I have talked to many K-12 educators, as well as college professors. Some are adventurous technophiles, and others are resistant, reluctant or not technology capable of embracing new technology as moves into common use. I think we need to encourage faculty to embrace technology as it arrives, and provide them the tools and support to make them successful, even if a fad is short lived.
Here is my reasoning. If we are to encourage students to love learning and engage in lifelong learning then we must model it. That includes being open to the implications of technological change and engaging that change in our lives. The students do this, but the faculty (and administrators) often denigrate that behavior, I think, to the long term detriment of their relationship with learners. Some, not all learners, may eventually give in and stop being technologically adventurous, for the others, they will ignore the admonitions of their teachers and keep playing with tech. The education system, however, in either case, looses the opportunity to turn a student passion into a learning opportunity.
Perhaps on a bigger scale, we miss the opportunity to teach through modeling behavior that may well pay dividends through a student’s future career. Think about this: for 13 years or more, students have only one profession that they see everyday—that they experience intimately: teaching. For most of those 13 years, they have, and often still do, see teachers doing much what they did the last 100 years, but they may not have enough perspective to analyze teaching at that level. At the gut level, however, they experience educators who aren’t flying in the same circles, engaging in the same activities—educators unable to relate learning experiences to current metaphors—to their life experiences.
So even if the technology du jour eventually goes the way of the beeper, engaging with it, finding ways to integrate it into the learning experience, can help bring an educator closer to his or her students—to relate their lessons in a way that resonates with students who are becoming further and further distanced from traditional education mediums in their day-to-day lives. Outside of the classroom, experiential learning is completely different than it is in the classroom. 30 years ago, all knowledge was transmitted by person-to-person interfaces or by writing, mostly through books. Now learning is available in a wide array of mediums, many of which are sparsely or ineffectively integrated into the classroom experience. And with social media, learners can establish relationships with multiple trusted third-party providers of information and knowledge, and often do so without any for their formal education ever focused explicitly on how to validate those choices.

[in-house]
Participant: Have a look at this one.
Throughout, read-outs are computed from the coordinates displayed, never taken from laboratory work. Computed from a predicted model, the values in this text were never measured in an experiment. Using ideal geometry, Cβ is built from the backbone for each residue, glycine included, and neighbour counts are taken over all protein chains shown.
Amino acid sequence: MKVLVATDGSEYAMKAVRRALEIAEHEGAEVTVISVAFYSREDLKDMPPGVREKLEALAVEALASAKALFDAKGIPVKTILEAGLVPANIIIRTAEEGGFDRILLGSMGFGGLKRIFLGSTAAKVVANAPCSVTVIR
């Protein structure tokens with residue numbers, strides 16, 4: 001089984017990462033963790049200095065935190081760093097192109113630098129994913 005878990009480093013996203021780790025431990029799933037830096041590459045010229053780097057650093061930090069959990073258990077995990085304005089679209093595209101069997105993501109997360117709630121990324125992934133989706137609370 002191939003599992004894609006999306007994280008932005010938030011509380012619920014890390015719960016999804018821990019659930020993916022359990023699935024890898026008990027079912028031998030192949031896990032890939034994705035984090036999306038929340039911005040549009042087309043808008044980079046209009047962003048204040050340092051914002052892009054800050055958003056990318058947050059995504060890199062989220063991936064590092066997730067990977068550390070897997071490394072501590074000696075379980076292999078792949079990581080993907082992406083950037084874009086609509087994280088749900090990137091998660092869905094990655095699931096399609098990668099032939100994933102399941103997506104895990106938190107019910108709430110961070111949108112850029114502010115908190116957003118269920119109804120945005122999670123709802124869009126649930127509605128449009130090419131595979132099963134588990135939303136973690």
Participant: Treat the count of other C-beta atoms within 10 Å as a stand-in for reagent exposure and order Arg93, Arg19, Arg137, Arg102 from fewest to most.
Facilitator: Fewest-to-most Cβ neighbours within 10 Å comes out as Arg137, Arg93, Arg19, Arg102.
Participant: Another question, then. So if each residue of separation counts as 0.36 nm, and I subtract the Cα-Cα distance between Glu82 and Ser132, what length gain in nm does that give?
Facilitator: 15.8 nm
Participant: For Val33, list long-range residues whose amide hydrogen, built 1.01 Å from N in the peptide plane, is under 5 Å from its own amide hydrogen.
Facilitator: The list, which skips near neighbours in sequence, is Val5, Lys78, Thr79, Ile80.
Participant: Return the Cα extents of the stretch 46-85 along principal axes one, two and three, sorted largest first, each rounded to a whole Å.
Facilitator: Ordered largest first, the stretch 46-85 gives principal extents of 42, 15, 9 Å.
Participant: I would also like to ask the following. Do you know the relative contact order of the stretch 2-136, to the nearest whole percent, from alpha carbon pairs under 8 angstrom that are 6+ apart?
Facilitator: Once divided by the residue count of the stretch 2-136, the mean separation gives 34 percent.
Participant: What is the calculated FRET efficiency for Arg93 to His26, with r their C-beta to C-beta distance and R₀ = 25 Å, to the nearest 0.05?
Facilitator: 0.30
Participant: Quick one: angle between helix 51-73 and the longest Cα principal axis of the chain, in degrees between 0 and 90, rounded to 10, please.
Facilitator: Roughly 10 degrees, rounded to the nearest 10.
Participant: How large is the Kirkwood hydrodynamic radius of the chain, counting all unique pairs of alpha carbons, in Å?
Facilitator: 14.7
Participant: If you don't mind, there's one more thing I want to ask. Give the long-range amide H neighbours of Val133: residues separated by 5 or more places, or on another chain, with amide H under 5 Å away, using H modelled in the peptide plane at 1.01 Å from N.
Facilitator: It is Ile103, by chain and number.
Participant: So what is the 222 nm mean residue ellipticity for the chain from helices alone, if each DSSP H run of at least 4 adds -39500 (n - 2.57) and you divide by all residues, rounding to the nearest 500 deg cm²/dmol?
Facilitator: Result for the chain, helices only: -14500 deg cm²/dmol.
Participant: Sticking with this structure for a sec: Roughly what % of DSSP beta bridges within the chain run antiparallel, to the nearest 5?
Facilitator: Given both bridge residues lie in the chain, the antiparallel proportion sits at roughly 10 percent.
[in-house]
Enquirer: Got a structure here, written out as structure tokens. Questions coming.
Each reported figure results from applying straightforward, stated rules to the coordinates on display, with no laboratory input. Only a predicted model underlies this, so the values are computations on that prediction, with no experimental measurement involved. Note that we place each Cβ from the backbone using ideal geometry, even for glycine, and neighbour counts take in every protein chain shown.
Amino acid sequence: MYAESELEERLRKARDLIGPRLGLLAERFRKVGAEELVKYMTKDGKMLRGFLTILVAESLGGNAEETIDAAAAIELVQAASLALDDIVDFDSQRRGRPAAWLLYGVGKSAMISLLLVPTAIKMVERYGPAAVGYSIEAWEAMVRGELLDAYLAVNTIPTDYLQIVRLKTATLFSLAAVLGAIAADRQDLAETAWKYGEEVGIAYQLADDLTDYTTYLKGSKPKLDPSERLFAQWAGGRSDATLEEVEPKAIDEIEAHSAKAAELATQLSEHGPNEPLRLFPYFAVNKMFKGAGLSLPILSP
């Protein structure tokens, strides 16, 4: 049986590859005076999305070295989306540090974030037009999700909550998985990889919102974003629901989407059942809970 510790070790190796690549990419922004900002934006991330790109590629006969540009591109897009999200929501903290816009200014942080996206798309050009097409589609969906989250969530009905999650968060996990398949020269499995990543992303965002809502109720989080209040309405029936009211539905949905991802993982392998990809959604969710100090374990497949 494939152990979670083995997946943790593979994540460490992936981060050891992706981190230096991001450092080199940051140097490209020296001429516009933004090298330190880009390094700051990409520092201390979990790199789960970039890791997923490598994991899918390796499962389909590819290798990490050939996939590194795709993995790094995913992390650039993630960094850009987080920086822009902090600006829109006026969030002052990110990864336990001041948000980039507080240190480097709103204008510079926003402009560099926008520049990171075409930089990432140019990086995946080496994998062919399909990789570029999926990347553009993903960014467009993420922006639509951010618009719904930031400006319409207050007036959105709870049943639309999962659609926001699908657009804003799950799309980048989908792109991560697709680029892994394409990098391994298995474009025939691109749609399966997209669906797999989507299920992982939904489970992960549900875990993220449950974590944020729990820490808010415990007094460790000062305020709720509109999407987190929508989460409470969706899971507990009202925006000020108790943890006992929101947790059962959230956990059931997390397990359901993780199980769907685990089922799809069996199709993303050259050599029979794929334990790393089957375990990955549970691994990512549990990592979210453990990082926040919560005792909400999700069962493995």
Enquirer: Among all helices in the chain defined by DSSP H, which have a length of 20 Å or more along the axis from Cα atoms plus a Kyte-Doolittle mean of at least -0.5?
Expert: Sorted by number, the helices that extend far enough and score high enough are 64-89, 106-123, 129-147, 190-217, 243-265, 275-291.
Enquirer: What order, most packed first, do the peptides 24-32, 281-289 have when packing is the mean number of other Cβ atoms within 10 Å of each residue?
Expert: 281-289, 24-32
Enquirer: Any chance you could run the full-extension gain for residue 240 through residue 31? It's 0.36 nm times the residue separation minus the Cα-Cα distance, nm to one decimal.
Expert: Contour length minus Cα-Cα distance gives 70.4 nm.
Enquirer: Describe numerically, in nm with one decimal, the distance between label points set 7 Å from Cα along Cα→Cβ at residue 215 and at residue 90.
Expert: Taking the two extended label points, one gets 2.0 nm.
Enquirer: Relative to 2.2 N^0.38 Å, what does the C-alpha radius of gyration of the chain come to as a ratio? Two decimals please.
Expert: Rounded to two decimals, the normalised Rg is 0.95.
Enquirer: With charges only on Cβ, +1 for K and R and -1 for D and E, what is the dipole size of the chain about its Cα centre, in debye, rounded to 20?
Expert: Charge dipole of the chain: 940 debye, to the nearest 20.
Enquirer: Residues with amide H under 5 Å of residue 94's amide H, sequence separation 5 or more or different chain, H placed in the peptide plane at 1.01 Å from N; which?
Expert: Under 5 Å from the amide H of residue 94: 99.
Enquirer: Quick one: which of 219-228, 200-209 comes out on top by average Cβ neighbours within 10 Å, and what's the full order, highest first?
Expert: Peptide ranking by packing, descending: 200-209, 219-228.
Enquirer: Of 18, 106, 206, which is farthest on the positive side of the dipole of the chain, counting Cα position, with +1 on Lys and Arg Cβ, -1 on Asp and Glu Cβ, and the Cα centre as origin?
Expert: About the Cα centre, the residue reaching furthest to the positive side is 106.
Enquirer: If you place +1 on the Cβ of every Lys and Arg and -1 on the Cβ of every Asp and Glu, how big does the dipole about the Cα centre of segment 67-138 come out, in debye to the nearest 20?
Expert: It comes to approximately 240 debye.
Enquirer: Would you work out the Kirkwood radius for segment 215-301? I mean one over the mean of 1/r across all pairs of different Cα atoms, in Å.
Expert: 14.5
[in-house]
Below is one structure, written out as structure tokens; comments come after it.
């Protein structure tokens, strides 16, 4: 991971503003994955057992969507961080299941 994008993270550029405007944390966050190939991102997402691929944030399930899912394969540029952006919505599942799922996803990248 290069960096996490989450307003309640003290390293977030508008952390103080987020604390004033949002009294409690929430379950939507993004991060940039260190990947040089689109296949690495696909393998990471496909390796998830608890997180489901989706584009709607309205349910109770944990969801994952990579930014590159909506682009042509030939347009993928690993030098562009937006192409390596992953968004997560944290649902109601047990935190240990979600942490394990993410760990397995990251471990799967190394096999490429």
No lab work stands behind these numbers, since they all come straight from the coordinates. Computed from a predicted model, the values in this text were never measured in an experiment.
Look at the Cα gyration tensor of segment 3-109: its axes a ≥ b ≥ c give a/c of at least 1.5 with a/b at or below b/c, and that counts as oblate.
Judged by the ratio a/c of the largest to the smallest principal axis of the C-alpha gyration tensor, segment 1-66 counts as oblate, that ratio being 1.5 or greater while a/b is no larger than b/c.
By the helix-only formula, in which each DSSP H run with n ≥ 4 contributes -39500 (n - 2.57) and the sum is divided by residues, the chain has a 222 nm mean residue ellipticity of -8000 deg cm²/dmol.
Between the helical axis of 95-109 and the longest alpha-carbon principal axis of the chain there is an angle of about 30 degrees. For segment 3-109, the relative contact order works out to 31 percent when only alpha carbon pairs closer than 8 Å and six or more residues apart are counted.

When we talk about pay for performance, this is a clear area of opportunity. The way educators integrate technology into the curriculum can be objectively measured. Those who do so effectively (innovation plus maintaining performance levels) should be rewarded for their efforts, and those who don’t should have successes pointed out during their performance reviews so that they too can model learning (you don’t have to be good at it, just make an effort and demonstrate learning—the students will take pleasure in reversing roles occasionally to help their teacher or profession become proficient at tech).
Educational institutions need to decide what they want to encourage strategically—what behaviors they want to reinforce through design. I think that encouraging the use of the technology du jour should be high on the list.
Adopting the technology du jour will:
- demonstrate ongoing learning to students
- enhance the relationship between educators and learners
- create new metaphors relating knowledge to personal experience
- facilitate new opportunities for learning engagement by channeling the learning messages through channels to which learners are attuned.
Those are all pretty good reasons to experiment, even for the most skeptical educator.